RENO, Nev. (AP) - A federal judge has given northern Nevada's largest public transit system the green light to begin recording audio along with the video surveillance on city buses in Reno despite objections from the bus drivers' union that says it's an illegal invasion of privacy.
A lawyer for the Teamsters tells The Associated Press they intend to appeal.
Judge Miranda Du said in a ruling this week neither the Washoe County bus drivers nor their passengers have a right to privacy because conversations on public buses are not private.
The union has been fighting the move for three years. Its lawyer, Michael Langton, says the recordings amount to surreptitious eavesdropping. He says it also violates collective bargaining laws.
Judge Du said there's nothing clandestine about it because posted signs warn riders buses may be equipped with audio and video surveillance.
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Statement from RTC: "The judgement issued by United States District Court Judge Miranda Du on September 18, 2017, to allow audio recording on RTC Washoe fixed-route buses (RTC RIDE) will help improve the overall quality of transit service provided to our passengers and the community. Excellent customer service, which will lead to improving the overall quality of service, is the highest priority for RTC and our contractor, MV Transportation. RTC RIDE buses have had on-board video systems since 2002. Over the past 15 years the video system has been extremely valuable in eliminating or reducing auto liability and personal injury claims by documenting what actually occurred on or around a bus. The system has also assisted law enforcement in investigating missing persons, locating criminal suspects or documenting accidents and incidents that were captured by the external video cameras.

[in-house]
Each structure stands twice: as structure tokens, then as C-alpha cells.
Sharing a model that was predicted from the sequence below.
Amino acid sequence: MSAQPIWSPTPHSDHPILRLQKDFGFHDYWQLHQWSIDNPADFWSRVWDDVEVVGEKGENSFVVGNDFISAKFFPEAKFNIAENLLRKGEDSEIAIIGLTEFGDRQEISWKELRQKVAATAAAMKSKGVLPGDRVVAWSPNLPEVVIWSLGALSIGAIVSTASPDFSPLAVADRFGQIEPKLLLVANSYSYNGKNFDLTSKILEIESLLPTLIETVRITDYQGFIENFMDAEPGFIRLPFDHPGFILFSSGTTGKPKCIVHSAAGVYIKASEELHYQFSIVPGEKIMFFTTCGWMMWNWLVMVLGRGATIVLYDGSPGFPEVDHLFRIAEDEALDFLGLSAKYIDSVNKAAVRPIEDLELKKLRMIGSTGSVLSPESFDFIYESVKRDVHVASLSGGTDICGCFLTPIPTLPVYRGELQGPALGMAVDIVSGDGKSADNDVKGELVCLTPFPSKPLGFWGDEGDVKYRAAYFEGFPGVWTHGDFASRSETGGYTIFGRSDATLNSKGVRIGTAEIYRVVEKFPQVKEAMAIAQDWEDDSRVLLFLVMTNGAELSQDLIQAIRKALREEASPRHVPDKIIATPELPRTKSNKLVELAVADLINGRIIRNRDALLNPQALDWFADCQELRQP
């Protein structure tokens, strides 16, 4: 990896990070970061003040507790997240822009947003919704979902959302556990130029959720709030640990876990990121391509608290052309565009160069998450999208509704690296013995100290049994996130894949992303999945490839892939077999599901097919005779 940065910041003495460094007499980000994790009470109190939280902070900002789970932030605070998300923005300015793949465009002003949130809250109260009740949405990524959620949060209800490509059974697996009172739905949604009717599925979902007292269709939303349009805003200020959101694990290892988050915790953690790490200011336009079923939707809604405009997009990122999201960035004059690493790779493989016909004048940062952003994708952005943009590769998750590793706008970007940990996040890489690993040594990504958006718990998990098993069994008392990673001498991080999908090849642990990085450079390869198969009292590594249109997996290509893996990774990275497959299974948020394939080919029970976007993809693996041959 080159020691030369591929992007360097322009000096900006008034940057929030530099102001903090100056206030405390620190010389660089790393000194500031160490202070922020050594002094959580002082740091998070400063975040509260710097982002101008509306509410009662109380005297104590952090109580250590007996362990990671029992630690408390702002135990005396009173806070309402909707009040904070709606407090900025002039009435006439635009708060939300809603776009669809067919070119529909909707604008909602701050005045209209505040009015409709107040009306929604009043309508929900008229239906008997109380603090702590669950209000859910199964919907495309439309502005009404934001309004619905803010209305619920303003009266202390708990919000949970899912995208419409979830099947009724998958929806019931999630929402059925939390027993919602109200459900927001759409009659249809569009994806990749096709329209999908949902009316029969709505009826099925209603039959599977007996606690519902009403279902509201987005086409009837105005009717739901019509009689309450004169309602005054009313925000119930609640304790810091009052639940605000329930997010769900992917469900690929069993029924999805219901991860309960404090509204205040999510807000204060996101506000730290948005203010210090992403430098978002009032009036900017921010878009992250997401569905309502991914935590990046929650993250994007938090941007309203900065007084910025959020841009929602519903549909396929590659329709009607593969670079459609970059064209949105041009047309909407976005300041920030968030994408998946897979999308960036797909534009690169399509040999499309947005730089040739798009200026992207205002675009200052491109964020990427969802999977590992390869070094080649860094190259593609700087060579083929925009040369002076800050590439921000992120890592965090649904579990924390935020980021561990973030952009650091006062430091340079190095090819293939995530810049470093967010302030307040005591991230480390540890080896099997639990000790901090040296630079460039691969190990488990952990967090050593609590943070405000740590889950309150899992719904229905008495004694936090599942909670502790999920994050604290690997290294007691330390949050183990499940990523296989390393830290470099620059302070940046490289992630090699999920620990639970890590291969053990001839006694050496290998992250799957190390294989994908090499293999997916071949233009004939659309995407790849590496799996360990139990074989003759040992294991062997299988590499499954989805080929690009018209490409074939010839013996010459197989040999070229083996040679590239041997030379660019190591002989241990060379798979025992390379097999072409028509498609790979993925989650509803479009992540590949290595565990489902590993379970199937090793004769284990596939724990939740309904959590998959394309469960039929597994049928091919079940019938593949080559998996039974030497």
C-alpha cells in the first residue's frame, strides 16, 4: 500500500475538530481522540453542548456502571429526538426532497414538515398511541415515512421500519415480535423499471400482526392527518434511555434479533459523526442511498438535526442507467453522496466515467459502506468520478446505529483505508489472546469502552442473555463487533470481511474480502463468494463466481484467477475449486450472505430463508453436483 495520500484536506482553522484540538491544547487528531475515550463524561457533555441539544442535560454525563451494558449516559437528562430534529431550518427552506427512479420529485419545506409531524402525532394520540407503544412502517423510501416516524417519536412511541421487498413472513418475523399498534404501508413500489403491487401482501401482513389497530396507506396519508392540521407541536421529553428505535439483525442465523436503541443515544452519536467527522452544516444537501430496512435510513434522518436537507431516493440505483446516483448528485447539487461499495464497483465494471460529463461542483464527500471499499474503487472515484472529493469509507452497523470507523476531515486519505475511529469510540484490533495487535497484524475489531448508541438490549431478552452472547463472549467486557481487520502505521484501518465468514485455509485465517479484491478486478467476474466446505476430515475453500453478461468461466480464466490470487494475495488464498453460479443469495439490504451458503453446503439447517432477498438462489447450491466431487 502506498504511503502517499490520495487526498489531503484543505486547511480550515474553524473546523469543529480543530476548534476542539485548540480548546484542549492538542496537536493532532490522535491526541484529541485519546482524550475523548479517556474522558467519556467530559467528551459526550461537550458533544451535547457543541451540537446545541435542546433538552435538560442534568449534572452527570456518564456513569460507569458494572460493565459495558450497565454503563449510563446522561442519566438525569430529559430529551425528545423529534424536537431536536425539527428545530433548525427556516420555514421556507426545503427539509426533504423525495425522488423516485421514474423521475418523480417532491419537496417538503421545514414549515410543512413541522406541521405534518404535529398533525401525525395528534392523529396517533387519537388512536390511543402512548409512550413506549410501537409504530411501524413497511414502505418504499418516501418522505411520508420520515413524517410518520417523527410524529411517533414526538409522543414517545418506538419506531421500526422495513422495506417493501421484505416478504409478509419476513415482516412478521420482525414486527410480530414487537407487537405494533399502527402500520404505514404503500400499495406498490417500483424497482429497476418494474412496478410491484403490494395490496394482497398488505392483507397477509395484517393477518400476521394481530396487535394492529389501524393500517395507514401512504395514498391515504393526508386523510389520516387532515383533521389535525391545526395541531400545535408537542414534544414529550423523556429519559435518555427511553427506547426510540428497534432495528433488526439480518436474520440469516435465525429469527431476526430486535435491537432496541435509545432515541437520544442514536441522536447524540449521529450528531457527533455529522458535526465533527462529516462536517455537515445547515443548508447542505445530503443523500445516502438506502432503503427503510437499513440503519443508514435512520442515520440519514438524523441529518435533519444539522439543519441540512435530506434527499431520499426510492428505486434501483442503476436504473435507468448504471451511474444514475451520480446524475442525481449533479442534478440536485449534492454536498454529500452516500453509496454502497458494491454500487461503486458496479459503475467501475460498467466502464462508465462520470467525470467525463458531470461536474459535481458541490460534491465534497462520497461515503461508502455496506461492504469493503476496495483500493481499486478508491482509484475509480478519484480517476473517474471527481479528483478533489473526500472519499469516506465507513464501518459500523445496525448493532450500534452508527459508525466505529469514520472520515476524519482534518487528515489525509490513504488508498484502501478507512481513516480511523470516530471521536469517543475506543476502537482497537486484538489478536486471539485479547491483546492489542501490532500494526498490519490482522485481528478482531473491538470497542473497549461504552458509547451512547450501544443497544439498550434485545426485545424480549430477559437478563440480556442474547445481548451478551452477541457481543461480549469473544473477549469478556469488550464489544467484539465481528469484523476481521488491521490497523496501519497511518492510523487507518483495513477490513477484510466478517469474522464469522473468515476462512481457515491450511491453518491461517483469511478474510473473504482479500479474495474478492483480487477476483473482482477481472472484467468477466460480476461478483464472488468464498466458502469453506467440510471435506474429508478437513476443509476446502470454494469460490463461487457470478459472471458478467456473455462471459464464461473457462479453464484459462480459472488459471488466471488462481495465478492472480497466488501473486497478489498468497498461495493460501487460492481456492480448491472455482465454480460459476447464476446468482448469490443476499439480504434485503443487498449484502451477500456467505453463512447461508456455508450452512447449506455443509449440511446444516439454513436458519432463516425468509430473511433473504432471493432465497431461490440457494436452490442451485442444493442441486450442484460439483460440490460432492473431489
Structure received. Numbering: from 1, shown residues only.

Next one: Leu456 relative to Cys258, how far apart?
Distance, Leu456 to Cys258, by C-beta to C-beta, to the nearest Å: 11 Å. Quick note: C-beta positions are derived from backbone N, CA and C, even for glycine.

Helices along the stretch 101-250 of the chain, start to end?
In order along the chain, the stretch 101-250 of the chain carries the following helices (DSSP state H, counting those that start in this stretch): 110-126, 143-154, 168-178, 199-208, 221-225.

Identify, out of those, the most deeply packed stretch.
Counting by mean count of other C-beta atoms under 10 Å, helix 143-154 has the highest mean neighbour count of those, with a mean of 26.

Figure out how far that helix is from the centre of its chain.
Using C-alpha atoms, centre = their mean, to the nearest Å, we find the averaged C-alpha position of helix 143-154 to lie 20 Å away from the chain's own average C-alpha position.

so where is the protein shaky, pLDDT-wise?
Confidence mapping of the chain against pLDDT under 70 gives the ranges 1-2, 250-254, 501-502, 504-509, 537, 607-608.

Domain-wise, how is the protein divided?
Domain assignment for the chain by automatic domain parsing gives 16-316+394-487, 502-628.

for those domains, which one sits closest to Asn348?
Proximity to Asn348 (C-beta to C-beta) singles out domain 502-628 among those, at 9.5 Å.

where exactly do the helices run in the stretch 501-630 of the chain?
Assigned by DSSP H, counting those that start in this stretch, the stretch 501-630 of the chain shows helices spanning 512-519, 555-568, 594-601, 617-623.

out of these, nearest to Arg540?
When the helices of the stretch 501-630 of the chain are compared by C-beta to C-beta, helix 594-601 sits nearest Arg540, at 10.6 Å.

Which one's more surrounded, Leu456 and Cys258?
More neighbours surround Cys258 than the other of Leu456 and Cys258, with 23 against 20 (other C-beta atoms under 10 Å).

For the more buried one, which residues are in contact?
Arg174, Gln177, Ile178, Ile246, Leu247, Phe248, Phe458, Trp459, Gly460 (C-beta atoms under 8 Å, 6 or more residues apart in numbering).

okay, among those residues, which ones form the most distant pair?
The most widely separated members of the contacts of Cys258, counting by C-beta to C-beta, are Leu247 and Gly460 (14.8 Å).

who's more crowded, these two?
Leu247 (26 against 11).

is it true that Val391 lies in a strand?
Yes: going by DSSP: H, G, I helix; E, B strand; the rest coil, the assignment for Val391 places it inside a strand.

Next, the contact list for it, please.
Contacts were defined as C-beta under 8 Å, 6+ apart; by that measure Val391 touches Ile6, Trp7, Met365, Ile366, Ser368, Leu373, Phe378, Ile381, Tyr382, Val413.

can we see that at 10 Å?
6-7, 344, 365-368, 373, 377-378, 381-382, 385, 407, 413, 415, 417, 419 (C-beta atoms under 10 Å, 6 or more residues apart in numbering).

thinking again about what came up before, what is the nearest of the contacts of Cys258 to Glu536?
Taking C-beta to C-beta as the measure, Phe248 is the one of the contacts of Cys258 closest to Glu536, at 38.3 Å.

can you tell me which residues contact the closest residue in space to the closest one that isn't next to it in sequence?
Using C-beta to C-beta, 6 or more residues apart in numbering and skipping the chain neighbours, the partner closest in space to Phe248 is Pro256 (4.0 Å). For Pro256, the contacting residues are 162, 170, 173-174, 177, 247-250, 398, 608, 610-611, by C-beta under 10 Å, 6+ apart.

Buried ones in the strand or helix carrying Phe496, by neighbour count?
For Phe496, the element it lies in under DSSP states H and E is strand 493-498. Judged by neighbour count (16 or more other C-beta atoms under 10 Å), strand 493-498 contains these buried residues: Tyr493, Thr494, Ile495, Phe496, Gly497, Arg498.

"Beginning in 2009 these video systems came equipped with audio recording capabilities but RTC did not activate them. In 2013, RTC’s fixed-route transit contractor, MV Transportation, requested permission to activate the audio features. MV felt strongly that such capabilities would allow a more thorough and complete investigation into both coach operator and passenger concerns regarding inappropriate behavior on our buses. Indeed, experience from other transit systems around the country demonstrated that audio recordings often exonerated coach operators in disputes that otherwise could not be resolved. No video or audio recordings going forward are reviewed unless a complaint has been filed. RTC approved activation of the audio in 2014. Prior to activating the audio, Teamsters Local 533, which represents RTC RIDE employees, alleged that the audio activation violated Nevada’s wiretap statutes. RTC then filed a complaint in the Washoe County Second Judicial District Court seeking declaratory relief. In 2015, the case was removed to Federal Court and earlier this week United States District Court Judge Miranda Du ruled in favor of the RTC.
"The collective bargaining agreement between MV Transportation and Teamsters Local 533 requires a 30 day notice before any new policies are implemented. Notice will be provided by the close of business today (9/22/17)."